If you’re not a gardener, then some of this might go over your head today. It answers the question: How do I fix crap soil? How do I fix it in the simplest, most cost‐effective way? And why is this even relevant to my business?
Stay with me. I had this idea while walking the other night, and I think it’s great. You might disagree, so contact me if that’s the case!
Even if you don’t test your soil, if it’s crap, you know about it. Plants just don’t grow.
Now, you can buy all kinds of fancy products and apply them. But this is really just a bandaid solution. You end up spending loads of money, and giving it artificial things.
Or, you could add organic matter to it. It takes longer, but when you add organic material — like straw, manure, vegie scraps, grass clippings — it improves the entire spectrum of the soil’s balance. You get new wildlife visiting, to pick over the insects and beetles that move in. You get worms, chowing through the good food. Your weeds, over time, become less prevalent.
Ok, with me so far? This is relevant, I promise.
In hot weather, gardeners are told to mulch. It keeps your trees and plants happy. It helps them stay hydrated and it saves you water.
But it also improves the soil, which is the (often unspoken) other part of the equation.
Here’s how this relates to your business publishing. Imagine your website. Imagine that it’s not really doing anything. You might publish to it, but you don’t get many visitors, it doesn’t convert, it’s pretty bleurgh.
That’s your crappy soil.
The way to fix it is to start putting new material into it. You can apply all kinds of fixes, like site speed, and SEO protocols. But the thing that’s going to work is just adding new, organic, alive material to it.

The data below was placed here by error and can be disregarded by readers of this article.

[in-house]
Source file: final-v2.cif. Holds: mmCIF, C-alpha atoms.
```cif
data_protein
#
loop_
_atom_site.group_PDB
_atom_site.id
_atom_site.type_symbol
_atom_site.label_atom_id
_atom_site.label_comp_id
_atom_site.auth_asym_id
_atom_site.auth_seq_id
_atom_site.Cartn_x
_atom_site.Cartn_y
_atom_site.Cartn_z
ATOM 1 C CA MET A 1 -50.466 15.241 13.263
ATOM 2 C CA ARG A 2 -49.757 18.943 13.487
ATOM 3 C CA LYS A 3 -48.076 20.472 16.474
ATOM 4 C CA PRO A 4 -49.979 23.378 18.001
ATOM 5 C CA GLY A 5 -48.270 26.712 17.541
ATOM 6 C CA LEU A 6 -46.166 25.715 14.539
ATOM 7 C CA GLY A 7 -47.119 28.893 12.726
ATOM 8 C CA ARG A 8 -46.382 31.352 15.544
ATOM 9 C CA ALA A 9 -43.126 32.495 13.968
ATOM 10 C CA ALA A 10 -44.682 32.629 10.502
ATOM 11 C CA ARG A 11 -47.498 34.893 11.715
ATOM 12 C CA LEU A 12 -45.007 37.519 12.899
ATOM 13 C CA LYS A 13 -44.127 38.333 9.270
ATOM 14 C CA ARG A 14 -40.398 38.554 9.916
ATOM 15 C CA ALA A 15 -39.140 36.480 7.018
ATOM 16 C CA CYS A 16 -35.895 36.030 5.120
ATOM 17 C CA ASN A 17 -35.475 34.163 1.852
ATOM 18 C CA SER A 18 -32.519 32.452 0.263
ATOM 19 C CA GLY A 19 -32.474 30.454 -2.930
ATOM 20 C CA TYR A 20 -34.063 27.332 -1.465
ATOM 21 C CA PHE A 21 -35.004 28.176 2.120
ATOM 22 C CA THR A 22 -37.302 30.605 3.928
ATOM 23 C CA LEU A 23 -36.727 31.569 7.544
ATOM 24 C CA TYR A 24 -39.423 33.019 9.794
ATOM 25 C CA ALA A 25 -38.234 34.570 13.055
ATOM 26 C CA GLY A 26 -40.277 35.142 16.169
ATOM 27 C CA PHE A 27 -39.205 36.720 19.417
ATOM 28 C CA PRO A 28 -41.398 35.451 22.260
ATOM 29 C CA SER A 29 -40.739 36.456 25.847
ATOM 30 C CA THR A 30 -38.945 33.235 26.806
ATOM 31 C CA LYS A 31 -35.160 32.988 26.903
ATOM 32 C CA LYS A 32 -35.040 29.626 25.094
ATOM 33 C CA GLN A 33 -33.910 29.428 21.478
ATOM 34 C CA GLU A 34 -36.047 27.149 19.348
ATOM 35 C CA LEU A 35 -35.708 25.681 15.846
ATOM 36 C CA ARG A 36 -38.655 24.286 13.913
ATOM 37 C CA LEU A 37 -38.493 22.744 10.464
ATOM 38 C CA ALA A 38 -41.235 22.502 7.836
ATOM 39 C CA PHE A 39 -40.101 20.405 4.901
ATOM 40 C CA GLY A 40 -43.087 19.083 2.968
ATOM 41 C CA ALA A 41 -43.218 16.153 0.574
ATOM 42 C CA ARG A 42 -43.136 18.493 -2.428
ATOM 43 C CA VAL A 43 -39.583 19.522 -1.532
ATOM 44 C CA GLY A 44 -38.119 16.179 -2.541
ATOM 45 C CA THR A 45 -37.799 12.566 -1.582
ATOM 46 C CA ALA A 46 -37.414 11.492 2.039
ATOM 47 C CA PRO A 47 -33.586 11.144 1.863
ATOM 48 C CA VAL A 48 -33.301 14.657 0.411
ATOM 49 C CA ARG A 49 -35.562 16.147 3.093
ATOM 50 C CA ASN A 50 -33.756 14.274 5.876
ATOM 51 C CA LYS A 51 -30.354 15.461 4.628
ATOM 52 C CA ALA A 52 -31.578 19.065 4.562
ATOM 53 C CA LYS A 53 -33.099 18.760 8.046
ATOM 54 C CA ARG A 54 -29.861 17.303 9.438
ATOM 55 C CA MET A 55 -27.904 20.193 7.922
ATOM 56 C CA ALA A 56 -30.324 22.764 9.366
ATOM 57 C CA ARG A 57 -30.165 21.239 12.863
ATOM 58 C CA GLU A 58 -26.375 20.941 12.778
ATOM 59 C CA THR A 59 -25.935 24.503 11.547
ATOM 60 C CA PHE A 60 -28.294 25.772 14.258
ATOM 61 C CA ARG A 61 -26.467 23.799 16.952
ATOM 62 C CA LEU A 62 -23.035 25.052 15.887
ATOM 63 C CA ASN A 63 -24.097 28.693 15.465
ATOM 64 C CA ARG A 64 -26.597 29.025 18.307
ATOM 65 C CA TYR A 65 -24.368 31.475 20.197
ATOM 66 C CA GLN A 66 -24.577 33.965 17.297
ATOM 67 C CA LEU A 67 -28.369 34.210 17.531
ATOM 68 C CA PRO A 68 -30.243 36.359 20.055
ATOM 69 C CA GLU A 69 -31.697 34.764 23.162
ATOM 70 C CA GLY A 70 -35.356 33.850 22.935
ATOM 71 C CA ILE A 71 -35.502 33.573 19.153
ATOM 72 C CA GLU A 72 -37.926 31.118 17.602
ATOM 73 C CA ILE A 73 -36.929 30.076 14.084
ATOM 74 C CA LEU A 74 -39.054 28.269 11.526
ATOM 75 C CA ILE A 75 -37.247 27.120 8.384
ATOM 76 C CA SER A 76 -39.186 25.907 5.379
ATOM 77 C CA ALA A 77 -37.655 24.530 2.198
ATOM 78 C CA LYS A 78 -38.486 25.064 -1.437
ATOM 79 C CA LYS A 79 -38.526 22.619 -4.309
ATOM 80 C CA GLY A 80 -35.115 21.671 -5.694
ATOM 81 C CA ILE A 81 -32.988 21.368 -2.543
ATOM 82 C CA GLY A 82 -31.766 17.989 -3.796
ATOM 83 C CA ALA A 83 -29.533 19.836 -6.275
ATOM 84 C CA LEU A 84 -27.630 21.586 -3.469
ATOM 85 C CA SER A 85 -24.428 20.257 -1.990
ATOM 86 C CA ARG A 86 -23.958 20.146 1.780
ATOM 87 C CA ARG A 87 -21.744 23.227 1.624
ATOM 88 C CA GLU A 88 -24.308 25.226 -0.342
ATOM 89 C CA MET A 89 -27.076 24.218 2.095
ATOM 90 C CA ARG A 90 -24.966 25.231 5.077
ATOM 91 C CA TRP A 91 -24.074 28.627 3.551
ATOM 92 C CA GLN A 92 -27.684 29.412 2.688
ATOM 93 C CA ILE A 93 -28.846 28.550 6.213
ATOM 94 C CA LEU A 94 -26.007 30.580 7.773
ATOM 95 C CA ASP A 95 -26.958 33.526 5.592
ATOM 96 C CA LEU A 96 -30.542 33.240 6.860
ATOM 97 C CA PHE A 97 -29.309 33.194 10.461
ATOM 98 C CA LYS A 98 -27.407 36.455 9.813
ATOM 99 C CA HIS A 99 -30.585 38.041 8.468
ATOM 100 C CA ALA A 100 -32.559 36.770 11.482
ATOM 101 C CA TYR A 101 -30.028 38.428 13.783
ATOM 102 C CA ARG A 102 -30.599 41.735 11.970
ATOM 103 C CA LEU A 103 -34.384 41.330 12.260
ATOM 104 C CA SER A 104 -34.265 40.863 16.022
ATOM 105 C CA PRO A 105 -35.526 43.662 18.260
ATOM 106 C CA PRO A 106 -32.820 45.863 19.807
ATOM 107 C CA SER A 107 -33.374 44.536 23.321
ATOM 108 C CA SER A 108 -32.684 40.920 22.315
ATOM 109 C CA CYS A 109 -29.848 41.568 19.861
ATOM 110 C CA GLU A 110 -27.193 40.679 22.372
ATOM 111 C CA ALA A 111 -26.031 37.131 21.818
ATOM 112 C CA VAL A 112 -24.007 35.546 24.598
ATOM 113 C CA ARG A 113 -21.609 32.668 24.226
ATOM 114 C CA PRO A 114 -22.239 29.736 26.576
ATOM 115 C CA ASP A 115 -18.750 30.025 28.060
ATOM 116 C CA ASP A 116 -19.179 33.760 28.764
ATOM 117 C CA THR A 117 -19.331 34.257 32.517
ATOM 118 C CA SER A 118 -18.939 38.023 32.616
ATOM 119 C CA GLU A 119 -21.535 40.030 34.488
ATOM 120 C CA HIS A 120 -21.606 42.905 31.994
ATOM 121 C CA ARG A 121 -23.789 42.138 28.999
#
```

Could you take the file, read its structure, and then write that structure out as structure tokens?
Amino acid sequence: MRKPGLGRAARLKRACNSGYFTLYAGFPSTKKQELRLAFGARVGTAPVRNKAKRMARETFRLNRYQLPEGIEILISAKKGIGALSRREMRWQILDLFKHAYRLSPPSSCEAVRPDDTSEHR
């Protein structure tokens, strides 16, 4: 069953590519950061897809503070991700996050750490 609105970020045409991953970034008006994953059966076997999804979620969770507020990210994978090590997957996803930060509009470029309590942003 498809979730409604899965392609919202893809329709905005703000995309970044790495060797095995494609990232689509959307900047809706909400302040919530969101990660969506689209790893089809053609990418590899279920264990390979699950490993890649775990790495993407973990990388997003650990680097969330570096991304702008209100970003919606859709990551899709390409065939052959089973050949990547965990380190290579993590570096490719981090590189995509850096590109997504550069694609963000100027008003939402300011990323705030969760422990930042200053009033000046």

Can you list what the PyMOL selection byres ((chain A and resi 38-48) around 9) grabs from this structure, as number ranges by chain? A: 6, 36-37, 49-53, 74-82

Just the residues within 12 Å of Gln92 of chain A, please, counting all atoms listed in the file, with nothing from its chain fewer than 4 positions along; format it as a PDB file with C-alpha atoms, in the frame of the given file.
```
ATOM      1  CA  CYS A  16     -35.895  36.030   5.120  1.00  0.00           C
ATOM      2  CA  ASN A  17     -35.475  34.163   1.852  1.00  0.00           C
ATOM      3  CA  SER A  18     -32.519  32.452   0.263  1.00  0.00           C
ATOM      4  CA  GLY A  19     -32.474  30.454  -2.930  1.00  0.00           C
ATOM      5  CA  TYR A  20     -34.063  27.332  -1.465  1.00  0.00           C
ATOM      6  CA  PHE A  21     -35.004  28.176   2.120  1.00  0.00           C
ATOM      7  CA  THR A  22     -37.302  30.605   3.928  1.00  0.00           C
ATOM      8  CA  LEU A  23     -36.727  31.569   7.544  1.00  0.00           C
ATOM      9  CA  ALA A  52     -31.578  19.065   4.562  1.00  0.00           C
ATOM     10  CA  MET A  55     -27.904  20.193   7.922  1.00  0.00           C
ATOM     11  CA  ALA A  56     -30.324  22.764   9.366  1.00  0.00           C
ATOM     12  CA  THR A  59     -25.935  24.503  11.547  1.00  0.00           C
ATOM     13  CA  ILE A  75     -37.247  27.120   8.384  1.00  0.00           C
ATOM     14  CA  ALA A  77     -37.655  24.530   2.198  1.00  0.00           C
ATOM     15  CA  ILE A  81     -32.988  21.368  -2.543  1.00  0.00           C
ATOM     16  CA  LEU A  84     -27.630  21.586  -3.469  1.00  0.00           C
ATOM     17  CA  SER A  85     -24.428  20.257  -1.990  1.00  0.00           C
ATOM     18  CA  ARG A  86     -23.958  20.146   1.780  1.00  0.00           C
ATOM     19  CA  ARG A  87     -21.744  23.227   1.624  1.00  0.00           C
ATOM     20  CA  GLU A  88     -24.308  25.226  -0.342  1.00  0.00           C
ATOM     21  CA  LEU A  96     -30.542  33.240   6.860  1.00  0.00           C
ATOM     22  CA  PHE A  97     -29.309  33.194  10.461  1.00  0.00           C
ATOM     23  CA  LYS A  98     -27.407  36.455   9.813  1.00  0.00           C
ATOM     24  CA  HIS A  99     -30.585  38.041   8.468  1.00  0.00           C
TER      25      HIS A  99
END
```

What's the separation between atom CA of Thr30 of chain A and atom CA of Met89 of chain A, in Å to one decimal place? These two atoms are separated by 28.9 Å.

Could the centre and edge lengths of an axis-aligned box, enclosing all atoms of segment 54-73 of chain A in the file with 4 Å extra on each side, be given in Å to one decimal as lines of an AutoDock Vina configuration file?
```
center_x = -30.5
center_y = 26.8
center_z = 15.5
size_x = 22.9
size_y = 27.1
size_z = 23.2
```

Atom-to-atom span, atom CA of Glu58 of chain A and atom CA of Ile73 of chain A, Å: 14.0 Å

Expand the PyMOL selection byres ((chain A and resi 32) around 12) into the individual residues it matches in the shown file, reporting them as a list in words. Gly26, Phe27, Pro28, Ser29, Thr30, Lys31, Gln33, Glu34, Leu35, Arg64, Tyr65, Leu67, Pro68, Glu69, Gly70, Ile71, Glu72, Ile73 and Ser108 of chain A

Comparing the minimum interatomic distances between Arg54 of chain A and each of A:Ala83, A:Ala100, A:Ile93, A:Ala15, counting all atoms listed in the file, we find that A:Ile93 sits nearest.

If you’re not sure whether it’s crappy soil, test it. See if you’re allowed to add material to it. If you go through a painful process of permissions and committees and it all grinds to a halt, then that’s an A1 indicator that you’ve got serious work to do.
Many Australian, professional services SMEs don’t even bother working out what they should be publishing. Like rookie gardeners, they go straight to what they think is best, without considering climate, soil type, or the outcomes they want. Then, when it doesn’t work, they pay thousands for SEO hoping it’ll fix it.
Which it will, for a while. But eventually they realise that all this SEO is a bandaid solution, like the fancy chemicals people spray into their yards.
It’s not a long‐term solution when the business has no idea how to fix the soil to start with.
Now, because fixing the soil is such a big process — filled with strategic thinking that your average Joe isn’t interested in doing — I’m going to give you a piece of low‐hanging fruit.
My advice is to start with high‐nutrient content, like case studies.
- They’re vibrant, because they tell a story.
- The story tells itself, so you don’t have to work out what to say.
- They’re meaty, because there’s a lot in them.
- You can use them in about 15 different ways(!).
- Your prospects freaking love them, which is why they are typically the most‐viewed content on a services business website.
Just start adding them. If it means finding someone to give you the password so you can publish them at the risk of being fired, do it anyway.
Beg for forgiveness, not permission. When your guerilla tactics pay off, your head gardener will thank you.
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Case Studies show people the value of your business, service and products. They’re real examples from the real world, with context, and explanation. Above all, they create trust.